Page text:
ES1The differences and similarities among the sun, the terrestrial planets and the gas planets may have been established during the formation of the solar system.
48
ES2Evidence from Earth and moon rocks indicates that the solar system was formed from a nebular cloud of dust and gas approximately 4.6 billion years ago
49
ES3Evidence from geological studies of Earth and other planets suggests that the early Earth was very different from Earth today.
50
ES4The sun is a typical star and is powered by nuclear reactions, primarily the fusion of hydrogen to form helium.
51
ES5Asteroids and meteorites had a significant role in shaping the surface of planets and their moons and in mass extinctions of life on Earth.
52
ES6The solar system is located in an outer edge of the disc-shaped Milky Way galaxy, which spans 100,000 light years.
53
ES7Galaxies are made of billions of stars and comprise most of the visible mass of the universe.
54
ES8Evidence indicates that all elements with an atomic number greater than that of lithium have been formed by nuclear fusion in stars.
55
ES9Visual, radio and X-ray telescopes may be used to collect data that reveal those differences in the life cycles of stars.
56
ES10All parts of the electromagnetic spectrum can be used to study the universe both from the surface of earth and from satellites or probes above our atmosphere
57
ES11Discuss the Big Bang model of the universe and other theories of the universes evolution - other topics would be dark energy and matter
58
59
9.11Plate tectonics operating over geologic time has changed the patterns of land, sea and mountains on Earth’s surface.
60
ES12Features of the ocean floor, as well as the shape and rock composition of the major plates, provide evidence of plate tectonics.
61
ES13Volcanic eruptions and earthquakes are the result of the movement of matter and energy within the Earth.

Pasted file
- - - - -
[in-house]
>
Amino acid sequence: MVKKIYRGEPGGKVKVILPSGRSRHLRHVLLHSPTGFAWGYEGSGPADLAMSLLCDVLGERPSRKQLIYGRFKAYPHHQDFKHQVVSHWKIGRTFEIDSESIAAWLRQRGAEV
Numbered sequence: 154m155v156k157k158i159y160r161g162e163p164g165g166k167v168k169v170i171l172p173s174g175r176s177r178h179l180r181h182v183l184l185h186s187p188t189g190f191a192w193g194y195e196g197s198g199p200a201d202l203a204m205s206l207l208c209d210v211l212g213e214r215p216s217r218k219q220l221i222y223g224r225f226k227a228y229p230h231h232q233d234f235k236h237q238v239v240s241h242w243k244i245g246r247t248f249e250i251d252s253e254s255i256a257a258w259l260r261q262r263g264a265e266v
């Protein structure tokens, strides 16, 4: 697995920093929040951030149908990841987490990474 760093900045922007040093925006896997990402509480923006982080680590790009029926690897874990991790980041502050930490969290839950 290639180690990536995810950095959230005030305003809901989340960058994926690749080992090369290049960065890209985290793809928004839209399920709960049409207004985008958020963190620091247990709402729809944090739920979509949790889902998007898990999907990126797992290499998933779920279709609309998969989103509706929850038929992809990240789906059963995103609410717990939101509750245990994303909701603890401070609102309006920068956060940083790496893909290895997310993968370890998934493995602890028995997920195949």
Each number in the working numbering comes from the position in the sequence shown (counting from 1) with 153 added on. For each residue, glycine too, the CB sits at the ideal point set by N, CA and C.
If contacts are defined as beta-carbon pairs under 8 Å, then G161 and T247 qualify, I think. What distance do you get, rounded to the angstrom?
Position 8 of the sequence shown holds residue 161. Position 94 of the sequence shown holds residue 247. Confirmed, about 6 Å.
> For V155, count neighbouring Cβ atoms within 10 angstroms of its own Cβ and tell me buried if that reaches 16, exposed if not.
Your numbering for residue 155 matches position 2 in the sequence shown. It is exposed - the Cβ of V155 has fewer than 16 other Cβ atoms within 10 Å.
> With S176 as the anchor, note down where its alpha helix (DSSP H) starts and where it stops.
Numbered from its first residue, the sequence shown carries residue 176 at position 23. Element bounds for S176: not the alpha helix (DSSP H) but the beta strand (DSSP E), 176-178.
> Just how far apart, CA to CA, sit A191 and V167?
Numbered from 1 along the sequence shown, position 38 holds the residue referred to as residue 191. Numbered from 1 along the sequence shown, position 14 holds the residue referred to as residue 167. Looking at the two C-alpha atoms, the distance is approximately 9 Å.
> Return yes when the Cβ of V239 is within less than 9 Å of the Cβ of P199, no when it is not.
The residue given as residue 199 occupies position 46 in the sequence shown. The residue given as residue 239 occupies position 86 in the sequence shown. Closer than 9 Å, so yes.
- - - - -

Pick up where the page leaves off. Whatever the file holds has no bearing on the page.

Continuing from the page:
62
ES14The properties of rocks and minerals can be explained based on the physical and chemical conditions in which they were formed, including plate tectonic processes.
63
64
9.12How energies enter and circulate through the earth system
65
ES15The sun is a major source of energy for Earth and other planets.
66
ES16Some of the solar radiation is reflected back into the atmosphere and some is absorbed by matter and photosynthetic processes.
67
ES17Different atmospheric gases absorb the Earth's thermal radiation.
68
ES18The greenhouse effect may cause climatic changes.
69
ES19Differential heating of Earth results in circulation patterns in the atmosphere and oceans that globally distribute the heat.
70
ES20The rotation of Earth influences the circular motions of ocean currents and air.
71
ES21Properties of ocean water, such as temperature and salinity, can be used to explain the layered structure of the oceans, the generation of horizontal and vertical ocean currents, and the geographic distribution of marine organisms
72
ES22The interaction of wind patterns, ocean currents, and the distribution of land masses result in a global pattern of latitudinal bands of rain forests and deserts.
73
74
9.0How is scientific Knowledge created and communicated?
75
INQ1Identify questions that can be answered through scientific investigation.
76
INQ2Read, interpret and examine the credibility and validity of scientific claims in different sources of information.
77
INQ3Formulate a testable hypothesis and demonstrate logical connections between the scientific concepts guiding the hypothesis and the design of the experiment.
78
INQ4Design and conduct appropriate types of scientific investigations to answer different questions.
79
INQ5Identify independent and dependent variables, including those that are kept constant and those used as controls.
80
INQ6Use appropriate tools and techniques to make observations and gather data.
81
INQ7Assess the reliability of the data that was generated in the investigation.
82
INQ8Use mathematical operations to analyze and interpret data, and present relationships between variables in appropriate forms.
83
INQ9Articulate conclusions and explanations based on research data, and assess results based on the design of the investigation.
84
INQ10Communicate about science in different formats, using relevant science vocabulary, supporting evidence and clear logic.
85
86
87
88
89
90
91
92
93
94
95
96
97
98
99
100
Loading...
 
 
 
Standards
Sheet5